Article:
Pubdate: Thu, 25 Jun 2009
Source: Regina Leader-Post (CN SN)
Copyright: 2009 The Leader-Post Ltd.
Author: Steven Edwards, Canwest News Service


Asian and "traditional" biker gangs have dramatically stepped up
production of illegal "party" drugs in Canada, turning the country
into a significant exporter, the United Nations said Wednesday.

In a global survey of illegal drug production and trafficking, Canada
is identified as a "primary" world source of ecstasy, and likely the
biggest supplier of methamphetamine "uppers" to Australia and Japan.

"Canada has become a major trafficking hub for meth and ecstasy," says
World Drug Report 2009 by Vienna-based UN Office on Drugs and Crime.

"By 2006, law-enforcement intelligence noted that Asian organized
crime and traditional outlaw motorcycle gangs operating in Canada had
increased the amount of methamphetamine they manufactured and
exported, primarily into the United States, but also to Oceania and
East and South-East Asia."

Most of the ecstasy produced in Canada was "thought to be" destined
for the United States, Australia and Japan, adds the 306-page report.

"In 2007, it was estimated that 50 per cent of domestically produced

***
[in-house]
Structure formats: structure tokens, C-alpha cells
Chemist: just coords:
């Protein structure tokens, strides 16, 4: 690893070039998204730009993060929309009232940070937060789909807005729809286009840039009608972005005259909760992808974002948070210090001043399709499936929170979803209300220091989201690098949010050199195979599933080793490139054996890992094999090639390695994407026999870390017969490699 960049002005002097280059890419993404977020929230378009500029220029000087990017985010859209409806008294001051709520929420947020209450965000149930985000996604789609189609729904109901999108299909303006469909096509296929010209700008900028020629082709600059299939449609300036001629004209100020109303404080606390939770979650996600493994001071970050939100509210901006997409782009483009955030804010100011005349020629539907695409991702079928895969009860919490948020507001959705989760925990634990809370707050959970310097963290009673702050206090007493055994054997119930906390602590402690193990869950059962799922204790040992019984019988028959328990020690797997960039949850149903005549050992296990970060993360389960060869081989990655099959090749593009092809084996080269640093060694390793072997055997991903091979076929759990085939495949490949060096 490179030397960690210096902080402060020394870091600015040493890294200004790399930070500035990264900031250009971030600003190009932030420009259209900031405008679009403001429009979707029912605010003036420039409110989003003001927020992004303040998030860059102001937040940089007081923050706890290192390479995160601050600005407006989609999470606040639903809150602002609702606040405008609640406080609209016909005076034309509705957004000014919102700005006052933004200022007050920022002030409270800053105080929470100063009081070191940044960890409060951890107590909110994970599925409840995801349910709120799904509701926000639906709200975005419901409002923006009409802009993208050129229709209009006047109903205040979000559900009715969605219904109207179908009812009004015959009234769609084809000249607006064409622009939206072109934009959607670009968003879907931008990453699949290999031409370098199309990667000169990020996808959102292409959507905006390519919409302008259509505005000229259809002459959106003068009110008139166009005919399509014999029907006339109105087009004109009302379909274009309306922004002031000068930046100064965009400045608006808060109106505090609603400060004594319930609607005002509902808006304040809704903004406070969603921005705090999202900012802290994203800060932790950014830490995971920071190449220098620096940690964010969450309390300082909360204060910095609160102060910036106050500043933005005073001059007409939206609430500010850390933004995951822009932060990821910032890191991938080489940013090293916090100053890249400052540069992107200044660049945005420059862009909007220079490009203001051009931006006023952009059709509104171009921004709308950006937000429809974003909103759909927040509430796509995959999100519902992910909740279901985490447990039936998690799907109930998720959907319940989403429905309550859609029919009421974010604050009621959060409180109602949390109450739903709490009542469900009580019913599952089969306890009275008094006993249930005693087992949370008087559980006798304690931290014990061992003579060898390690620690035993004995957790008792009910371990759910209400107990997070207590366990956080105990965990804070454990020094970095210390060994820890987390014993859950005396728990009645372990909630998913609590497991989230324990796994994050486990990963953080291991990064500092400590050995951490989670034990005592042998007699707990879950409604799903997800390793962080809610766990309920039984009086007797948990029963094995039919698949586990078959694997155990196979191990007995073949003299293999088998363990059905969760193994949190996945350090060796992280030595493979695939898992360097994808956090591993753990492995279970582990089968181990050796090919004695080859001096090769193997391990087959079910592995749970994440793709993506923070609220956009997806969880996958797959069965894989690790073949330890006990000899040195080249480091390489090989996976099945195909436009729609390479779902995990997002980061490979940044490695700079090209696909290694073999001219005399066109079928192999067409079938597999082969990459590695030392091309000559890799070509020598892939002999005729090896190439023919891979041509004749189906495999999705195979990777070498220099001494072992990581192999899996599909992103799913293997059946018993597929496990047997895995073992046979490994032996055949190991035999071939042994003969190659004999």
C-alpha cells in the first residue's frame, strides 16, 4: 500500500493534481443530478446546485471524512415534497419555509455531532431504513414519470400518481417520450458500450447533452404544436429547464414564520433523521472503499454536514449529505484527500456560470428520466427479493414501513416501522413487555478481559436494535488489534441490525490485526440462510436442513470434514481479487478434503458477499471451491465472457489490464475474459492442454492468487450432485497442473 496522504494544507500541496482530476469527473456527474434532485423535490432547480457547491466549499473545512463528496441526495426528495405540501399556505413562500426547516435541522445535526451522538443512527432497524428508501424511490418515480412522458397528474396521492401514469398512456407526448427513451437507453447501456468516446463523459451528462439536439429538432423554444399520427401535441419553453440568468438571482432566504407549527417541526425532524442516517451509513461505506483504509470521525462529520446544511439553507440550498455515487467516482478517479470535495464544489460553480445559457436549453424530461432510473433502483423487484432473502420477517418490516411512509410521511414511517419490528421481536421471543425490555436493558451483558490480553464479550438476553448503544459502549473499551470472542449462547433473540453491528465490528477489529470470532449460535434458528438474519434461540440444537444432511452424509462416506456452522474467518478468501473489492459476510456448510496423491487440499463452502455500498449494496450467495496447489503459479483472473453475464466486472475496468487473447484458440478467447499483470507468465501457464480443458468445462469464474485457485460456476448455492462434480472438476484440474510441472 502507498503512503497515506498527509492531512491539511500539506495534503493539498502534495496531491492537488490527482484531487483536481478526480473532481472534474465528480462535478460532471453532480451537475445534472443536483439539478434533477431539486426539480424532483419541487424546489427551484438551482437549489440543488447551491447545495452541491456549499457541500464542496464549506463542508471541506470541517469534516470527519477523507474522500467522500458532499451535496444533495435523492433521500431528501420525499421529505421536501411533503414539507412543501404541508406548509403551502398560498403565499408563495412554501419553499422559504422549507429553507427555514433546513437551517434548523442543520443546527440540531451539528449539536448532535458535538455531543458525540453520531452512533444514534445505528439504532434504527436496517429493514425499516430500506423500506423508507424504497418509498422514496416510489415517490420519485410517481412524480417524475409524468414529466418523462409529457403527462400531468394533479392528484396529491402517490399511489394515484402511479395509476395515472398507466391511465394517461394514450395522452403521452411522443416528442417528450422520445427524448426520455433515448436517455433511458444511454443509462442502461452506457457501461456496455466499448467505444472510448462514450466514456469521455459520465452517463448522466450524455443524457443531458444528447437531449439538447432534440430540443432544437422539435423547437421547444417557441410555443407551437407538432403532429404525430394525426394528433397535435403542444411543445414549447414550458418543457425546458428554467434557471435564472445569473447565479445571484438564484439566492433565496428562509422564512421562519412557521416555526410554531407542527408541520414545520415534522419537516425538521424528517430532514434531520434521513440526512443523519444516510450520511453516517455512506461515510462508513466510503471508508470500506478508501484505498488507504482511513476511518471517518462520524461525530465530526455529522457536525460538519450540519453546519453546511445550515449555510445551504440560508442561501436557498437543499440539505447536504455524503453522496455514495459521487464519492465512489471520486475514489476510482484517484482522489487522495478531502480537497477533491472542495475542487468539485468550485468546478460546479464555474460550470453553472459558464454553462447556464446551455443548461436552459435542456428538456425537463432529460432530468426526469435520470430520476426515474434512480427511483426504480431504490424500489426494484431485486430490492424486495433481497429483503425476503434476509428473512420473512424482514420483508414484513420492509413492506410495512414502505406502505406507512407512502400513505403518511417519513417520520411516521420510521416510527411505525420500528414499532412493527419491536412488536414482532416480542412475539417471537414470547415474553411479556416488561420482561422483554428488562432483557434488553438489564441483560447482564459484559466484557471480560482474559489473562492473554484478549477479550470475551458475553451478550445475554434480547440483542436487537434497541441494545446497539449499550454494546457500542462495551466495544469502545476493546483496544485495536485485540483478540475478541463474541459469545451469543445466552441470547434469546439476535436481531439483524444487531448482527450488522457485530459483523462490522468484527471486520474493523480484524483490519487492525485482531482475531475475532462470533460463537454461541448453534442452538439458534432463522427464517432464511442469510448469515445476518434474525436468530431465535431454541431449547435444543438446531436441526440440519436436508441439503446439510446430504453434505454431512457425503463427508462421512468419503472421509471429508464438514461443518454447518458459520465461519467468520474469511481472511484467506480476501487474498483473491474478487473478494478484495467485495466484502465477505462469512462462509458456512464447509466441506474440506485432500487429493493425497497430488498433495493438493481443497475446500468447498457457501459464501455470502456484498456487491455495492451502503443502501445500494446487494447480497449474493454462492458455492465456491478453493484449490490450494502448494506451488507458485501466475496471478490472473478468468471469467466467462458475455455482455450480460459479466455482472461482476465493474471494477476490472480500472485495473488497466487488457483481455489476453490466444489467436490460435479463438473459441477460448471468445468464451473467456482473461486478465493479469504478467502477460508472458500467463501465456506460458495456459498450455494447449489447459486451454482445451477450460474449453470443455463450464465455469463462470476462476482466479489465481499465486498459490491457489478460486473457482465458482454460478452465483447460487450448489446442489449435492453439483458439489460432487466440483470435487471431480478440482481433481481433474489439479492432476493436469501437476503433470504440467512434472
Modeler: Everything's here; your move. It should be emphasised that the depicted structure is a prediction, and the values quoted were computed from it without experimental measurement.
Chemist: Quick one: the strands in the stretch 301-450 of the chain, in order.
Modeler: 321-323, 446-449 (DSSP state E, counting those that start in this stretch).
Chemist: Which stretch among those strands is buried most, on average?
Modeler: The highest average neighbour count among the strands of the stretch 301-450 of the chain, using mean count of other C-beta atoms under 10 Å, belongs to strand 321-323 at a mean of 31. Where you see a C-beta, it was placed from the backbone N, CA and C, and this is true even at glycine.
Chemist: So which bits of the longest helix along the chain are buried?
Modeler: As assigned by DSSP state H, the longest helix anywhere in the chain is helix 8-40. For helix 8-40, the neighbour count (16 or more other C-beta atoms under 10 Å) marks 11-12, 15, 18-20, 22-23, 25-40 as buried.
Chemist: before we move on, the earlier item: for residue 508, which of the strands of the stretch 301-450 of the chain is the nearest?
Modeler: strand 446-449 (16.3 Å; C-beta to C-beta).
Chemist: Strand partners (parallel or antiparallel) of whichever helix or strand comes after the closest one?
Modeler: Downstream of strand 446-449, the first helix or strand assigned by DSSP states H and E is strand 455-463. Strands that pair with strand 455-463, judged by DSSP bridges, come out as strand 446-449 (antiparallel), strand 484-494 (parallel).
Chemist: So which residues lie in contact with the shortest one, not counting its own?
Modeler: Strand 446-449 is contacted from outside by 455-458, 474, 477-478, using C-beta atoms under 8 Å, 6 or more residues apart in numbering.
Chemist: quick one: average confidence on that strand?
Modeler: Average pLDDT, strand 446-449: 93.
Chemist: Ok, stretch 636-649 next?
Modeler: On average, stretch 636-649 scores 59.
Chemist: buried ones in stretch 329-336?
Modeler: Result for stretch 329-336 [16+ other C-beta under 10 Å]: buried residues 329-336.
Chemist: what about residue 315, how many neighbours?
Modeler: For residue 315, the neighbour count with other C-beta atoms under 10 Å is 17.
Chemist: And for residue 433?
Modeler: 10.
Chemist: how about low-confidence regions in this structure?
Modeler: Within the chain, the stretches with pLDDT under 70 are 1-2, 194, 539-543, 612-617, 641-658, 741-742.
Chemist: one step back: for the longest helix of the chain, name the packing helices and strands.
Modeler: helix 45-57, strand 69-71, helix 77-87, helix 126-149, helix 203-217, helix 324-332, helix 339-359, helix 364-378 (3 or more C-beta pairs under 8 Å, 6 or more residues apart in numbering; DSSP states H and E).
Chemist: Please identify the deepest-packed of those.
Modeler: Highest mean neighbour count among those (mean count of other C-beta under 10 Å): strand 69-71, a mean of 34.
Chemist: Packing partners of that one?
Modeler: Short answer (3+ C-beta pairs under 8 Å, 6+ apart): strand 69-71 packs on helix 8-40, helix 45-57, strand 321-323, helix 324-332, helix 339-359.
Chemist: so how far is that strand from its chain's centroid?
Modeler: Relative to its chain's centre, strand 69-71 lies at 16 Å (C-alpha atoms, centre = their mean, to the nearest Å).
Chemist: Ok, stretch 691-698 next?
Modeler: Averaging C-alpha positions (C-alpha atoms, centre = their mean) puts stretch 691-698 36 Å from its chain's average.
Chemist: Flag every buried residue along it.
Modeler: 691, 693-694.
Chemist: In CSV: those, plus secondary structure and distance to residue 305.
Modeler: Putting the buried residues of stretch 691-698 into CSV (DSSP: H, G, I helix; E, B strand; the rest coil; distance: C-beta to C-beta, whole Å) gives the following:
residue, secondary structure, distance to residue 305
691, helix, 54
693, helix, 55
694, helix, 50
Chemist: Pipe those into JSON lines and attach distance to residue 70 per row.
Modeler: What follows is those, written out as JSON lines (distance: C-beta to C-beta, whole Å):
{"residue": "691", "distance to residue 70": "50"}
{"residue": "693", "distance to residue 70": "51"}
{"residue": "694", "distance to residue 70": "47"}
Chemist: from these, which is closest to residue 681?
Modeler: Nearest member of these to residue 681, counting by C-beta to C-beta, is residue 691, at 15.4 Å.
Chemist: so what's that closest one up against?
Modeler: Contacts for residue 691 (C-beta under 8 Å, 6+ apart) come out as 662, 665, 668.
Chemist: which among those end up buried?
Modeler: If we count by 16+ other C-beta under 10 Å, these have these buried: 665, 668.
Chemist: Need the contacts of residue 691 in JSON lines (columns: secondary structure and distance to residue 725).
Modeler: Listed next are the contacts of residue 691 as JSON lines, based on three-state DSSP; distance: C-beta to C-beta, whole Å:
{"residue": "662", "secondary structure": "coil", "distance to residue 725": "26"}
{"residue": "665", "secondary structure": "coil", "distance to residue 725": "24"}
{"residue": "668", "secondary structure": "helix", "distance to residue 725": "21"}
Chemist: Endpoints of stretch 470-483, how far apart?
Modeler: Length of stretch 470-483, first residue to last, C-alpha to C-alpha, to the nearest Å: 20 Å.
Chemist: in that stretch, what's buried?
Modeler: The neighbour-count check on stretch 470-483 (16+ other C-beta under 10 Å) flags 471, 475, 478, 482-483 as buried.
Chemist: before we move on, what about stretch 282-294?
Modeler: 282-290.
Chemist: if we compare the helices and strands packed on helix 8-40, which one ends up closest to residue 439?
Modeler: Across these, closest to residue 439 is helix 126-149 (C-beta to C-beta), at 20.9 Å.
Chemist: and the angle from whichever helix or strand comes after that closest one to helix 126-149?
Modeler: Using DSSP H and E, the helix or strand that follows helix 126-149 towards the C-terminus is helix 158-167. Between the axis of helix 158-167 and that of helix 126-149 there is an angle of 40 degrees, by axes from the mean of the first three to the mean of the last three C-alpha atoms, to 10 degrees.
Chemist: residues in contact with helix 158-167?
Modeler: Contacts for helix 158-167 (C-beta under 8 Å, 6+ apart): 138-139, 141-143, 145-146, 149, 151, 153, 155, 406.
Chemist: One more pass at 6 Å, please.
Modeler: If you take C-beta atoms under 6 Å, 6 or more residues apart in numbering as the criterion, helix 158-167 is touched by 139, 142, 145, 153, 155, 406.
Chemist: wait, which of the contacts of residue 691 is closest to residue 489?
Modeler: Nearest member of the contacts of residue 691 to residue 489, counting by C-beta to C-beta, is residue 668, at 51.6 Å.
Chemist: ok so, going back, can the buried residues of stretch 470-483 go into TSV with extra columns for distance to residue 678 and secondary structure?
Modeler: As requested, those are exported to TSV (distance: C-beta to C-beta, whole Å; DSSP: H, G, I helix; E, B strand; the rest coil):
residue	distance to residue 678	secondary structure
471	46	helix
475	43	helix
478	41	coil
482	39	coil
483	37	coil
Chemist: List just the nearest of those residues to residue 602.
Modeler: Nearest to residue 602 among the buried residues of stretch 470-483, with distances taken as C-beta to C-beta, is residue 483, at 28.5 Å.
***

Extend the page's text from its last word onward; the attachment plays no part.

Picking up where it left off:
ecstasy was trafficked outside of Canada," it said.

Antonio Maria Costa, the UN's anti-drug czar, said Canada's rise as a
trafficker results from a "perfect storm" of events involving
law-enforcement levels and ease of access to ingredients known as
"precursor chemicals."

While a "robust" clampdown in the Netherlands rolled back ecstasy
production in that country, the U.S. banned over-the-counter sales of
certain precursor chemicals, he said. In Canada, meanwhile, Asian
gangs used their contacts in China and elsewhere to import precursors
and to develop trafficking routes throughout Asia and beyond.

"So Canada is being attacked from both the West and the East, as well
as from the South," Costa said.

He described gang members as primarily young and, therefore, most
likely Canadian-born.

"But they have roots back home, and that is where the origin of the
problem is," Costa said.

According to the report, ecstasy laboratories in Canada were, by 2007,
"large-capacity facilities primarily controlled by Asian
organized-crime groups, utilizing precursor chemicals trafficked from
China in sea containers."

It shows Canada is fourth among countries ranked for seizures of
ecstasy-group substances. It is fifth in ranking for seizures of
amphetamine-group substances.

Justice Minister Doug Nicholson said the expansion of illegal-drug
production in Canada could be reversed through tougher trafficking
penalties -- but added Liberal party members in the Senate were
holding up a bill providing for that.

"The report comes as no surprise, because law-enforcement agencies
have been telling us this for the last couple of years," he said.

"But we're at our second attempt, as a minority government, to get our
anti-drug bill through Parliament. So if any good comes out of this UN
report, it's that it may push the Liberals to give us a hand to get
the bill passed." 
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